Lloyd Rayney watched on yesterday as his wilful murder trial left the courtroom and retraced his wife Corryn's final hours and her killer's bid to hide the crime.
Mr Rayney, who denies killing his estranged wife, was part of a Supreme Court convoy that yesterday toured relevant sites, including the alleged murder scene at the Rayney home and the Kings Park site where she was buried.
Justice Brian Martin, prosecutors, defence lawyers and detectives created a stark contrast as they explored sites ranging from the sunny gardens of Kings Park to a picket-fenced street in Subiaco.
Curious residents, joggers and families enjoying school-holiday picnics looked on as police blocked roads and formed a barrier for the court party.
Prosecutors say Mrs Rayney, who was last seen alive at a Bentley dance class about 9.25pm on August 7, 2007, was murdered by her husband after she returned to their Como home that night.
They allege her body was dragged through the front yard and driven to Kings Park, where her killer buried her.
Yesterday, Kings Park was the tour's first stop as the judge inspected a liquidambar tree bearing seed pods like the two found in Mrs Rayney's hair.
The tree is the same type as one in the Rayneys' front yard and which the State claims produced the pods found with Mrs Rayney.
Huddled in the brisk morning air, the tour paused on a Lovekin Drive verge where a dinner name card, bearing Mr Rayney's name, was found days after his wife's death.
Retracing the killer's steps, the group made its way along a track and disappeared into bush as they visited the site her body lay for more than a week.
The grave, dug in the cold early hours of the morning after the murder, was found on August 15 after police followed an oil trail left by the car used to move her body.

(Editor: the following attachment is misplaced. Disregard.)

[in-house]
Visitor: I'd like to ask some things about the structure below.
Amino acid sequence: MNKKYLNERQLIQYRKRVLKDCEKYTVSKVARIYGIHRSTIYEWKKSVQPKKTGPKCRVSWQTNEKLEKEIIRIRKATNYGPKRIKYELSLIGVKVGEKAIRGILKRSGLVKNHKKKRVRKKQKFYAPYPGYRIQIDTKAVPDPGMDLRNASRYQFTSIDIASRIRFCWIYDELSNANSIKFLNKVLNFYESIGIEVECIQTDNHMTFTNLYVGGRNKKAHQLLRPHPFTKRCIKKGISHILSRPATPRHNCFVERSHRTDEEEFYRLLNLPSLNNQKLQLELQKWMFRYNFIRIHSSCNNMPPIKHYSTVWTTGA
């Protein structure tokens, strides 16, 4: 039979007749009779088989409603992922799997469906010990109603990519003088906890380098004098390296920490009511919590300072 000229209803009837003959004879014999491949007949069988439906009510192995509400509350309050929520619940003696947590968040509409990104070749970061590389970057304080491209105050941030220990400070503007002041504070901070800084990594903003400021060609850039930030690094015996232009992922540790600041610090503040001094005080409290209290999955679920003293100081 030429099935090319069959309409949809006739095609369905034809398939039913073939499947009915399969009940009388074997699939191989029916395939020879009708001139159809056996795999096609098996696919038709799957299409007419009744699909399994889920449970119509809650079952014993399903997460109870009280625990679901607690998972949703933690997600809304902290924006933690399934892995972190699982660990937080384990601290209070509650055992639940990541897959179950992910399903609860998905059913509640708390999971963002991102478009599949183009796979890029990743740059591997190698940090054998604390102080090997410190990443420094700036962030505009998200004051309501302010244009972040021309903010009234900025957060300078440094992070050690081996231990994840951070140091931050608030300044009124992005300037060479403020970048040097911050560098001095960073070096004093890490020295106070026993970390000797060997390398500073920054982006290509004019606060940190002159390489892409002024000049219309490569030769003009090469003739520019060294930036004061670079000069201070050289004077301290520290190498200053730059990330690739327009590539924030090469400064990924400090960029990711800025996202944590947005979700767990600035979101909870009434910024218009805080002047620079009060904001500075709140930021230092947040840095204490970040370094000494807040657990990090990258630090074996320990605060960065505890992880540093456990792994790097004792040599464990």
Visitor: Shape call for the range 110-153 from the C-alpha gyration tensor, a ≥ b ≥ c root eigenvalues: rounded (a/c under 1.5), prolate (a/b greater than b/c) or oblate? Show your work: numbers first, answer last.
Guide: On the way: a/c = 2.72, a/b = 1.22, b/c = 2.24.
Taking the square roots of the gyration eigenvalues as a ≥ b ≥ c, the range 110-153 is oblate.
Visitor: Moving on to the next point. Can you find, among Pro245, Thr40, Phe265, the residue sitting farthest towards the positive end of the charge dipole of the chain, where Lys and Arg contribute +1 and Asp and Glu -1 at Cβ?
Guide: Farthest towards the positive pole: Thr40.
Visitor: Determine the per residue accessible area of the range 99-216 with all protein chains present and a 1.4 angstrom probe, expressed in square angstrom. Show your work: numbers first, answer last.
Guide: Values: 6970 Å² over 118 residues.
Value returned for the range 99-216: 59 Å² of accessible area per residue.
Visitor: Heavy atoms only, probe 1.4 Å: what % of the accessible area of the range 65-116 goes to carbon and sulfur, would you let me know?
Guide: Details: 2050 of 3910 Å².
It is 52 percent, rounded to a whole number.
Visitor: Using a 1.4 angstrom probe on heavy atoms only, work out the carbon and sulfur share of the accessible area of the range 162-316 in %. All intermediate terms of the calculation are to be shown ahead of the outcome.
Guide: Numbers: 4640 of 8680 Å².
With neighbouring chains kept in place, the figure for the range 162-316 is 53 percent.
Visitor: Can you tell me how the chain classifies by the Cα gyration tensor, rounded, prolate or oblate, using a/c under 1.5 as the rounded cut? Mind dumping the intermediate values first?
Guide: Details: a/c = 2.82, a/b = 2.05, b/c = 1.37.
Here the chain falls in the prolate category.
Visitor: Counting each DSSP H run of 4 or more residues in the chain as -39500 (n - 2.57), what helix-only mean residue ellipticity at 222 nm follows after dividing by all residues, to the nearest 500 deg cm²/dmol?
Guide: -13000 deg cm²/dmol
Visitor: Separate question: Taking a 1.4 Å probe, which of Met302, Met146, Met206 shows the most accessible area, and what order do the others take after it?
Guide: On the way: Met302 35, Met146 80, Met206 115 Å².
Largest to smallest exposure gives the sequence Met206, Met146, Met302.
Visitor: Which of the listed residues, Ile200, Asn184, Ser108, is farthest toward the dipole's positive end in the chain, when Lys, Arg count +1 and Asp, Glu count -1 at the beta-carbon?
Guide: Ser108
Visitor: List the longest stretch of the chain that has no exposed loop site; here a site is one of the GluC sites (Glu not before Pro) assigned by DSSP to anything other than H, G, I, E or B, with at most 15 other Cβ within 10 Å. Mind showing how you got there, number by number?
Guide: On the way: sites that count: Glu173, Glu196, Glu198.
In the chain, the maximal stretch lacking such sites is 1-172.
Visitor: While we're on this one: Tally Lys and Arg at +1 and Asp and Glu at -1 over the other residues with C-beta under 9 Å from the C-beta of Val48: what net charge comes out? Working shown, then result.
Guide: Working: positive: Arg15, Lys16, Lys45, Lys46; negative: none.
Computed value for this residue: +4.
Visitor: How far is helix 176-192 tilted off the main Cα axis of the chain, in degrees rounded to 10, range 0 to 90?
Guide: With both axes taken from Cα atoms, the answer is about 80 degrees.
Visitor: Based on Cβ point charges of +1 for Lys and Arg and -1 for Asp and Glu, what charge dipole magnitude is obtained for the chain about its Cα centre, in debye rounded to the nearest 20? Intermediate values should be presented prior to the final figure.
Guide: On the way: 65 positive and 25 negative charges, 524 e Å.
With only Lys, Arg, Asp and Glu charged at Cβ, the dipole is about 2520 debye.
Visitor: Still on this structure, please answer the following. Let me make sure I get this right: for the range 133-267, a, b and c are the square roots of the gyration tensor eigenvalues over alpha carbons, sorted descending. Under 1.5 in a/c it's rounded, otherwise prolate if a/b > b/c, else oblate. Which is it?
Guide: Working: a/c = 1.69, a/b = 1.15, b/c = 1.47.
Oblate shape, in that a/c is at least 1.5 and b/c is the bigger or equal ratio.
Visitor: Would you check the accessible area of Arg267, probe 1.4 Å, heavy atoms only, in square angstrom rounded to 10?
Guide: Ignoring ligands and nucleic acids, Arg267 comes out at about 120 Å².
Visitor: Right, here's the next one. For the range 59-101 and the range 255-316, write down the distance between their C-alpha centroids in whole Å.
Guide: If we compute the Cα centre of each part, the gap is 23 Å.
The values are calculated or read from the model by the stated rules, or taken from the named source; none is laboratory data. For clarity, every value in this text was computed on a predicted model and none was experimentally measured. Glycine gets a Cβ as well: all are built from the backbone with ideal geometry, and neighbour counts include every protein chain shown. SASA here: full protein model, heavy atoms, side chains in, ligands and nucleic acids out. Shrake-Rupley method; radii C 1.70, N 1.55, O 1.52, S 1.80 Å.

Shining in the sun yesterday was a bollard like the one that damaged the car and sparked that oil trail, with the tour pausing to inspect it.
The party then drove 3.3km to Kershaw Street in Subiaco - the place her killer dumped the damaged car.
Prosecutors have suggested Mrs Rayney's killer may have disposed of a shovel and car keys by dropping them into one of the bins lining Subiaco streets that morning for collection.
By chance, a rubbish truck was making its way down the quiet street as the court group arrived yesterday.
The Rayneys' renovated Como home became the tour's next destination, with the ensemble gathering in the red brick driveway and next to a heavily pruned liquidambar before disappearing into the rest of the property.
The last confirmed place Mrs Rayney was seen alive became the final stop in yesterday's journey.
After surveying the carpark and grounds of the Bentley Community Centre, the procession made the last leg of the tour.
They drove along Albany Highway in Victoria Park, past the spot where one witness believes he may have seen Mrs Rayney alive on the night she died.
The trial will resume on Tuesday.